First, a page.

Tuesday, April 8, 2008
Nice thing about being dangerous is...
Not too much. I think babies have it right, the first line of defense is a smile, the second is the loud red faced crying to gather helpful adult attention. I did grow out of the baby thing, and took to being me - fighting wasn't automatically a sin in a boy growing up - so I fought for fun, dominance or fright. I often wished I was still working on that smile, but other boys don't tolerate boys smiling at them... but they respected me when I could take my lumps or dish them out in return. I started carrying knives somewhere along the Cub Scout Boy Scout period, by junior high and high school there was no doubt that I would have a folding knife in my pocket, even owned a switchblade once, but never carried it - that was against the law.
I did get cast out of my second family's home for almost a year, because someone said I had used my knife in a fight or scuffle - I hadn't, and I don't really remember a fight or a scuffle with the people that said I had been there and had pulled a knife. When I was growing up a knife was something a Mexican would use in a fight, and like kicking (before Martial Arts boom) wasn't a MANLY way of fighting. The truth came out and I was re-invited to my second family's home again - which was always wonderful for me.
As an Airborne Artillery First Sergeant I allowed my paratroopers to carry knives and drape them on their combat gear. For three years we never had difficulty doing rigging nor de-rigging our equipment for or on airborne operations. Of course there would be excesses in size of the blades, cost of the blades, numbers of the blades - but I never had a problem with the blades being used in anger or assault of another paratrooper. Two First Sergeants after me didn't change the knife situation, but finally a good First Sergeant showed up and in six months he had them back to a proper size, and number of blades for real work instead of posing as some really bad airborne dudes.
In Hawaii, when my mother wanted to peel an apple she asked for my knife, my brother wondered how I had gotten a knife through the airport security, and I wondered how my mother knew I would have a knife to borrow. Some things are probably certain about some people, and I will have a blade or a reasonable replacement - I have been watching inmates with their house key, what they can cut through is almost amazing... technique not edged. Rogue Gunner has a nice blade and story I think worth the time.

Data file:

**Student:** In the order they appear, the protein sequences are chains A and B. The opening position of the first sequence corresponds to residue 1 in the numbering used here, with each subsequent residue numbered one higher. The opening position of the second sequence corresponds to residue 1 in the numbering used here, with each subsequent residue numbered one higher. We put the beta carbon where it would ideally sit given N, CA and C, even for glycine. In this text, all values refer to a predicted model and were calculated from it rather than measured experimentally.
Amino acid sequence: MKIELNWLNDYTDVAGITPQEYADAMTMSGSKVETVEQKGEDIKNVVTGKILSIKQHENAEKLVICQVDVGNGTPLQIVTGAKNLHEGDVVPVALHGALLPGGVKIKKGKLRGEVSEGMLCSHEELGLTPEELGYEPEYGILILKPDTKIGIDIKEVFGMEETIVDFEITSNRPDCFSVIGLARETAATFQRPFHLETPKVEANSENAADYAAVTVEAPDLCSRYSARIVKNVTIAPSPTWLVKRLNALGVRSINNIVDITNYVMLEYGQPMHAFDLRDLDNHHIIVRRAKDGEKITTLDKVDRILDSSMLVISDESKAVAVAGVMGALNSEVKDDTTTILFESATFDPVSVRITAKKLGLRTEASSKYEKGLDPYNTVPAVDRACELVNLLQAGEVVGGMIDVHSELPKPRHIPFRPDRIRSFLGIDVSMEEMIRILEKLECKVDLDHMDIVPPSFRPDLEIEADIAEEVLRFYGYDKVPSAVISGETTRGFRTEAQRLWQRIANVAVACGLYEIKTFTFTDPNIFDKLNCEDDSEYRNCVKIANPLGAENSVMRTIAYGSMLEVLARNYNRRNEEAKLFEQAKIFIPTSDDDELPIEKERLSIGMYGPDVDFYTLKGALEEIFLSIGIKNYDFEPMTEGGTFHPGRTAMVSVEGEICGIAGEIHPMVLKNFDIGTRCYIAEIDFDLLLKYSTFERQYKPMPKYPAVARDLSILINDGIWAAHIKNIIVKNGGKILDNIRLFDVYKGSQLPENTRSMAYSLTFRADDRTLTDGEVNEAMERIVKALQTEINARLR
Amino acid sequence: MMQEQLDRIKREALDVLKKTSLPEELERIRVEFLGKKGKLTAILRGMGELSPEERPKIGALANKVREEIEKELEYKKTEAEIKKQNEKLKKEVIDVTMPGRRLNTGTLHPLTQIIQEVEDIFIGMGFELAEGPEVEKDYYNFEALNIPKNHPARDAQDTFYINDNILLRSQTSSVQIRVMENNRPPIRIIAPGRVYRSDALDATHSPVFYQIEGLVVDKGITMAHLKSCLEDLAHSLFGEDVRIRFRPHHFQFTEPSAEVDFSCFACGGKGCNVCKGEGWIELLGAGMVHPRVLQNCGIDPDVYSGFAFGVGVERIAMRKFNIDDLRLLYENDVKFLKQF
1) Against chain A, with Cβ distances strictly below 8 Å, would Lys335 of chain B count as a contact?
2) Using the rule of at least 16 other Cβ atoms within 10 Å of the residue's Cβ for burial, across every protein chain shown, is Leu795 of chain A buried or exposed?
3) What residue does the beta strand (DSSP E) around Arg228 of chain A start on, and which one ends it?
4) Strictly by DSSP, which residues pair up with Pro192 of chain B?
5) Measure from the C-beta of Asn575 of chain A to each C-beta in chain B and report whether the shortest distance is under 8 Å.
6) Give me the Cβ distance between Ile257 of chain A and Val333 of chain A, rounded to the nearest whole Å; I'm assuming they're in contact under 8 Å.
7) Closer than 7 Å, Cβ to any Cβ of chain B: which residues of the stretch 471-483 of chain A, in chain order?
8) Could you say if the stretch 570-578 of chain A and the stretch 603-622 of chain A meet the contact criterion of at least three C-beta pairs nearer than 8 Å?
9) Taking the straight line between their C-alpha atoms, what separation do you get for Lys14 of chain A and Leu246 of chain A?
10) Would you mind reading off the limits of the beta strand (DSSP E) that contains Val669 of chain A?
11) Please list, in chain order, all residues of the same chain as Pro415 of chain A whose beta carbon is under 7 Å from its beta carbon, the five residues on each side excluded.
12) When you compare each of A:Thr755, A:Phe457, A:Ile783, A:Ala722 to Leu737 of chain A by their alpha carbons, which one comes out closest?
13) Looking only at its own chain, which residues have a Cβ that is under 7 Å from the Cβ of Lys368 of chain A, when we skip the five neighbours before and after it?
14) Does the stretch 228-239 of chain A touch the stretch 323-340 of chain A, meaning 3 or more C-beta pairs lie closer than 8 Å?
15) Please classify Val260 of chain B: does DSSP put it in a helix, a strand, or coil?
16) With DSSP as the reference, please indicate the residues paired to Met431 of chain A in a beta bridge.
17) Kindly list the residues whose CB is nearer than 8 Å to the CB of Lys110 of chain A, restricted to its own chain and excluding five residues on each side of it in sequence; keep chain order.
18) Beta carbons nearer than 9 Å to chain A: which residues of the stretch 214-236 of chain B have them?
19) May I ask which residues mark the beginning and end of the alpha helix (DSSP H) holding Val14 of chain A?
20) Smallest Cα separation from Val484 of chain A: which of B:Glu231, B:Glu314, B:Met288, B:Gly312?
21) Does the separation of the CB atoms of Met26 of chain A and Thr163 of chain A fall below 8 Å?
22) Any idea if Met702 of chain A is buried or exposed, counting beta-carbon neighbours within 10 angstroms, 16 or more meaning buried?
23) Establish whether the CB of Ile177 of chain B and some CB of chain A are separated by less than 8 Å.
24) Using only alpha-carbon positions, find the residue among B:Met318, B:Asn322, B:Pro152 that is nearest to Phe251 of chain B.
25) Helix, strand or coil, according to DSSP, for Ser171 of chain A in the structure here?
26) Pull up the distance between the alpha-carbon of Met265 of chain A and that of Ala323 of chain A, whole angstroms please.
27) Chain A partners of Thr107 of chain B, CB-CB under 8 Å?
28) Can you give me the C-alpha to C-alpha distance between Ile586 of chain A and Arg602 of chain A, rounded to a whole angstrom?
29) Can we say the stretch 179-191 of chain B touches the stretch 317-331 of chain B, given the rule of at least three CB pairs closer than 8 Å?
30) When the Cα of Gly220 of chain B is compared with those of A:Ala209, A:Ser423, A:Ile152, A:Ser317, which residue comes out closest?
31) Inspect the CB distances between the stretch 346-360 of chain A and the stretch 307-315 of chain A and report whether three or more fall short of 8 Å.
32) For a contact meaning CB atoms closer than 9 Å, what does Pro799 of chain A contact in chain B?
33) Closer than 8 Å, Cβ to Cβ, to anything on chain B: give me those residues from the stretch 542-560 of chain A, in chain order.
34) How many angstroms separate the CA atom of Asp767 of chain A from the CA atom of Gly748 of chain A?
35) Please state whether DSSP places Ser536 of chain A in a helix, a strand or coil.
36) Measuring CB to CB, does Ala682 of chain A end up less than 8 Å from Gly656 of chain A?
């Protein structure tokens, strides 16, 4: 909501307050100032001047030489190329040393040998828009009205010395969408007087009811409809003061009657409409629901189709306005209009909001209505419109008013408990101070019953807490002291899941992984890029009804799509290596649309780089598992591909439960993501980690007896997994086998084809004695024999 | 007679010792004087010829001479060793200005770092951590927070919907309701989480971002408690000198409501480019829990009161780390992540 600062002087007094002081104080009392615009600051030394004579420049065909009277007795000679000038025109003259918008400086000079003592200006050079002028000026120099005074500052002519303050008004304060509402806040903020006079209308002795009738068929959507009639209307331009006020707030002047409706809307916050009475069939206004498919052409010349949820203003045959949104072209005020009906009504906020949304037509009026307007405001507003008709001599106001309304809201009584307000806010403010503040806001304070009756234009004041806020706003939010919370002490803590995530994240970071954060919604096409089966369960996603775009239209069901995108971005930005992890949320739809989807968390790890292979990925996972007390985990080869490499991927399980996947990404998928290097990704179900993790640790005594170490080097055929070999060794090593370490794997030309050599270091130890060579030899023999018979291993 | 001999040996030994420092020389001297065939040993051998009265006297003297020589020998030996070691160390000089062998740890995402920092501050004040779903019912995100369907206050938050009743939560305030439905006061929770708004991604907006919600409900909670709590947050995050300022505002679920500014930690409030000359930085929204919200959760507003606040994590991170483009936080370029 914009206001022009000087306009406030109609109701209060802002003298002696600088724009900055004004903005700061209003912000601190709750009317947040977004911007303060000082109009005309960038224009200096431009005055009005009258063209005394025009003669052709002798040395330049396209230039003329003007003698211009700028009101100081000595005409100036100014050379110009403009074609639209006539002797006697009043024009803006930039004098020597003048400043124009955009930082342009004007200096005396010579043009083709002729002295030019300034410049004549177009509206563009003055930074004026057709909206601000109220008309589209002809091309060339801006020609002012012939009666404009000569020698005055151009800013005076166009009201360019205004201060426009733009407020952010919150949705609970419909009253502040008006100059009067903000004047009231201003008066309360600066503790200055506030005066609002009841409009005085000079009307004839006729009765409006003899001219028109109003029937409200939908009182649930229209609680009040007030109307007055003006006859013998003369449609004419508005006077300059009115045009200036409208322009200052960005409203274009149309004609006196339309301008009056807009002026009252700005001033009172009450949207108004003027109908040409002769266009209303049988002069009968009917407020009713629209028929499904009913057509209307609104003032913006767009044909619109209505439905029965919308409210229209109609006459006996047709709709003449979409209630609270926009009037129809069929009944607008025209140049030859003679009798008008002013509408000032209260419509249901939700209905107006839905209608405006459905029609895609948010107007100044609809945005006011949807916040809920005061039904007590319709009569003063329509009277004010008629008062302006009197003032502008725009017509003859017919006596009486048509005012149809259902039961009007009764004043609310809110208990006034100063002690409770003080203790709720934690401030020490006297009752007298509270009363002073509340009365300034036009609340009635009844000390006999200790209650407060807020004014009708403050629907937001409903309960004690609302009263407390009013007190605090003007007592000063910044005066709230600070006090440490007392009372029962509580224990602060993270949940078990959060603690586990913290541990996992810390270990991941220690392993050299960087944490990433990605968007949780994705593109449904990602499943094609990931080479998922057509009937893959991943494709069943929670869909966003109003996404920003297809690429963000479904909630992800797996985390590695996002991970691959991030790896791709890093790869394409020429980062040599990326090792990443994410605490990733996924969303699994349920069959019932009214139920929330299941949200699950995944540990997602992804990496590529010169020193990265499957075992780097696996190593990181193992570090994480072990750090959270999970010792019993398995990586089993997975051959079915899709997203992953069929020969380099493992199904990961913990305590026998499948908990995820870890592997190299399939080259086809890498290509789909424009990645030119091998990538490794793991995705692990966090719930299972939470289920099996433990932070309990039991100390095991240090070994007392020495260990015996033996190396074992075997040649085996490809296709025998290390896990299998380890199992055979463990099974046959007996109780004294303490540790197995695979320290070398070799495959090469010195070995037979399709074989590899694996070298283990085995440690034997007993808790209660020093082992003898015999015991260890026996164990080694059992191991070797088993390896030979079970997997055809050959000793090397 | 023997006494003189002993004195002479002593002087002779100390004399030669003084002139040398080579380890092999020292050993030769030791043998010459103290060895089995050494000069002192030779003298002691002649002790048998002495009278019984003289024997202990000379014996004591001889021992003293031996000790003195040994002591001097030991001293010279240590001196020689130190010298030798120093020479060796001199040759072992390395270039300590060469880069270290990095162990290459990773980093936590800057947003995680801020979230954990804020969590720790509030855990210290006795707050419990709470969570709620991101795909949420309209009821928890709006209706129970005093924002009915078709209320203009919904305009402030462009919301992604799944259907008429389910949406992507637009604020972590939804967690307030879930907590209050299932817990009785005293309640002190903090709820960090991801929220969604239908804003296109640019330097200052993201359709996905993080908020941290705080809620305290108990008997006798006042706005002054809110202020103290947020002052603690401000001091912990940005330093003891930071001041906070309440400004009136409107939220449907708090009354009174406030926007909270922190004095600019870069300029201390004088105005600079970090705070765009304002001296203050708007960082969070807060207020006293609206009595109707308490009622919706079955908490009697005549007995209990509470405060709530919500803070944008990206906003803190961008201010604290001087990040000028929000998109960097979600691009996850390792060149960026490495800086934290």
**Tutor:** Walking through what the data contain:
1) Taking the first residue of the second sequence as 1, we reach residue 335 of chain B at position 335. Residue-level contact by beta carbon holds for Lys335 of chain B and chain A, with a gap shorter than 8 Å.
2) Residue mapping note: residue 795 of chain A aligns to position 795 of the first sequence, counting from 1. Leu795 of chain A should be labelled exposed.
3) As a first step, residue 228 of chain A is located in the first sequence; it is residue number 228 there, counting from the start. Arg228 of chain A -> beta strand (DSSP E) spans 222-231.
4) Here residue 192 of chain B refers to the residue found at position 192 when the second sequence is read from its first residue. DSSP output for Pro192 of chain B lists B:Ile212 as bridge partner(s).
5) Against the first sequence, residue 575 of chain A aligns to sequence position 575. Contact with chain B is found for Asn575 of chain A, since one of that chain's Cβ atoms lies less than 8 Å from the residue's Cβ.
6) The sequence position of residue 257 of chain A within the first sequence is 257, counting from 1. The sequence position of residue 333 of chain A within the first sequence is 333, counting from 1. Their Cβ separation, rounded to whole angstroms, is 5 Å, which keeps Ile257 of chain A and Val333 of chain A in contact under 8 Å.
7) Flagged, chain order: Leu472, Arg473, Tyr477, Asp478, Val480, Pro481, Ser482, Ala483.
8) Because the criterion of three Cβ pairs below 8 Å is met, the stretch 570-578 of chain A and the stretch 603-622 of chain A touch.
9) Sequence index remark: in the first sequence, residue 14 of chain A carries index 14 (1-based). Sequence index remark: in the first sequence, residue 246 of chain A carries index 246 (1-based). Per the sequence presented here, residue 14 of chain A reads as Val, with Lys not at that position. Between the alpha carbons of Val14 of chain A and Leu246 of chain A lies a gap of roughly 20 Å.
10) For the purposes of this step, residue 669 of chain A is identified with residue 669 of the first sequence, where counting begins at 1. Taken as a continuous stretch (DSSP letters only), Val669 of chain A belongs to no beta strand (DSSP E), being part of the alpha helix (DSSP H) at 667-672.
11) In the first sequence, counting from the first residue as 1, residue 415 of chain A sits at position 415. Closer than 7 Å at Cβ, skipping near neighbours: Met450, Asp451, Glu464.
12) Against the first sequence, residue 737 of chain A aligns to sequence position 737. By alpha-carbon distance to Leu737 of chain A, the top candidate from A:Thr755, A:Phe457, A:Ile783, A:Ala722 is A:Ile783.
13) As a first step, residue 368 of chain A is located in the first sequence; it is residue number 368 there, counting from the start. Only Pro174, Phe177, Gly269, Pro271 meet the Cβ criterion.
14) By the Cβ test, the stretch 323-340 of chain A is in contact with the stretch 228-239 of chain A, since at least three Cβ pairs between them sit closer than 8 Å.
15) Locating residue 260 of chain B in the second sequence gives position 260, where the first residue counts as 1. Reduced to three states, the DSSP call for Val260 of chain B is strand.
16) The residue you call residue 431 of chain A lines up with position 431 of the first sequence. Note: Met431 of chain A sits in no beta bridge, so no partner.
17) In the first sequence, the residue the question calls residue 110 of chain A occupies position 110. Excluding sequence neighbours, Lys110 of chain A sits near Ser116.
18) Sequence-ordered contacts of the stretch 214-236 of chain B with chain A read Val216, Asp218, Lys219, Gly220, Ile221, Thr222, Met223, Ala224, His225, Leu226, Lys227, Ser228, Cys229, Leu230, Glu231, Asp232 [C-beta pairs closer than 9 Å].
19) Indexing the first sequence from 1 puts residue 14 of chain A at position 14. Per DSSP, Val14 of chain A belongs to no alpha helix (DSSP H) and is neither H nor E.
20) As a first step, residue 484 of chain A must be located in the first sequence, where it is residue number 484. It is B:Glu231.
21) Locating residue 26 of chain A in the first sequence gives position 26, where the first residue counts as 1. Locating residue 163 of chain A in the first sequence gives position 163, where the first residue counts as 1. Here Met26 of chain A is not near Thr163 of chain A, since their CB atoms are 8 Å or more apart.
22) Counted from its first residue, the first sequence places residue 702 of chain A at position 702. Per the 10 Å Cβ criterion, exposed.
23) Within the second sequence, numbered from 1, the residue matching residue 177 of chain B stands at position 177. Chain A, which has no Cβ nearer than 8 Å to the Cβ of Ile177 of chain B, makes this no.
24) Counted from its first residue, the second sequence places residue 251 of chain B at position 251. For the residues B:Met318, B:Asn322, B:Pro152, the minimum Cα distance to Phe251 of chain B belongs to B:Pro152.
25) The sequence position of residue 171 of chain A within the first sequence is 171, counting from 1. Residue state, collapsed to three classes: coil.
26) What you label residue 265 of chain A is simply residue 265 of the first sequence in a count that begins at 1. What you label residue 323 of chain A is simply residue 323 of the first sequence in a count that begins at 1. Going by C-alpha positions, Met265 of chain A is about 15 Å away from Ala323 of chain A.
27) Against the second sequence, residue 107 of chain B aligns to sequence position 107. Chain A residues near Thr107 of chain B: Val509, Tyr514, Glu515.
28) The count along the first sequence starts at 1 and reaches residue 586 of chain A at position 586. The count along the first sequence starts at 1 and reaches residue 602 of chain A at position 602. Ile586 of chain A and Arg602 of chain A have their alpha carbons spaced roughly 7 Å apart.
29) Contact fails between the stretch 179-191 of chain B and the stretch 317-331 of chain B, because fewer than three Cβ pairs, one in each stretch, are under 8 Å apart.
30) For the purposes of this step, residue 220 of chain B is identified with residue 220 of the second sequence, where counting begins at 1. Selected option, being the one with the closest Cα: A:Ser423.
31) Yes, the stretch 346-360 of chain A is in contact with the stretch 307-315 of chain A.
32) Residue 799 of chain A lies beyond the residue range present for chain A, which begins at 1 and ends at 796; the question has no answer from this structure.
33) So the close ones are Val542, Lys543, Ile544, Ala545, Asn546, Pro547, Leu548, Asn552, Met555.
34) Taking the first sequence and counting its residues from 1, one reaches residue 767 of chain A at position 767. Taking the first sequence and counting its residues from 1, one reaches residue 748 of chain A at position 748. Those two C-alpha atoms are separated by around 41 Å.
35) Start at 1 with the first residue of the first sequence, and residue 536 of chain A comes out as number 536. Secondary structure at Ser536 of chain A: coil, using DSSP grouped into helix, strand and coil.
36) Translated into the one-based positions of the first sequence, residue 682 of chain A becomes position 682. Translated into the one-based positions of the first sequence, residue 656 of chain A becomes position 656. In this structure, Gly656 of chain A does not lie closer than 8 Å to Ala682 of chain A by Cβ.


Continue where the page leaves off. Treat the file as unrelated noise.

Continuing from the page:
So now in the days of the Second Amendment, and the contest between the gun lobby and the anti-gun gaggles (yes, I am allowed to chose the terms I label them with - they will do it to me) I am still encouraging responsible knife ownership and use. You see, I know about cutting flesh and blood flow - do it every time I really get to sharpening my blades, and I also know that one must get close and personal to fight with a knife - Jim Bowie is one of my heroes, he was great with the blade. The problem I see with pistols, in today's age, is that most people haven't gone to that level where they understand death done with guns, bullets striking flesh and breaking bones, and such -- too much Hollywood, and not enough time in the field taking down animals in the hunt (then picking them up and gutting them or butchering them for food). Somethings just don't happen as cleanly nor as ugly as film has made it.
But to be really dangerous one should know how dead a human will be when shot properly - they won't come back in next week's episode, or the next blockbuster hit - they will be waiting for you when you go to sleep and dream, as you start to accept them being there -- then you will be dangerous.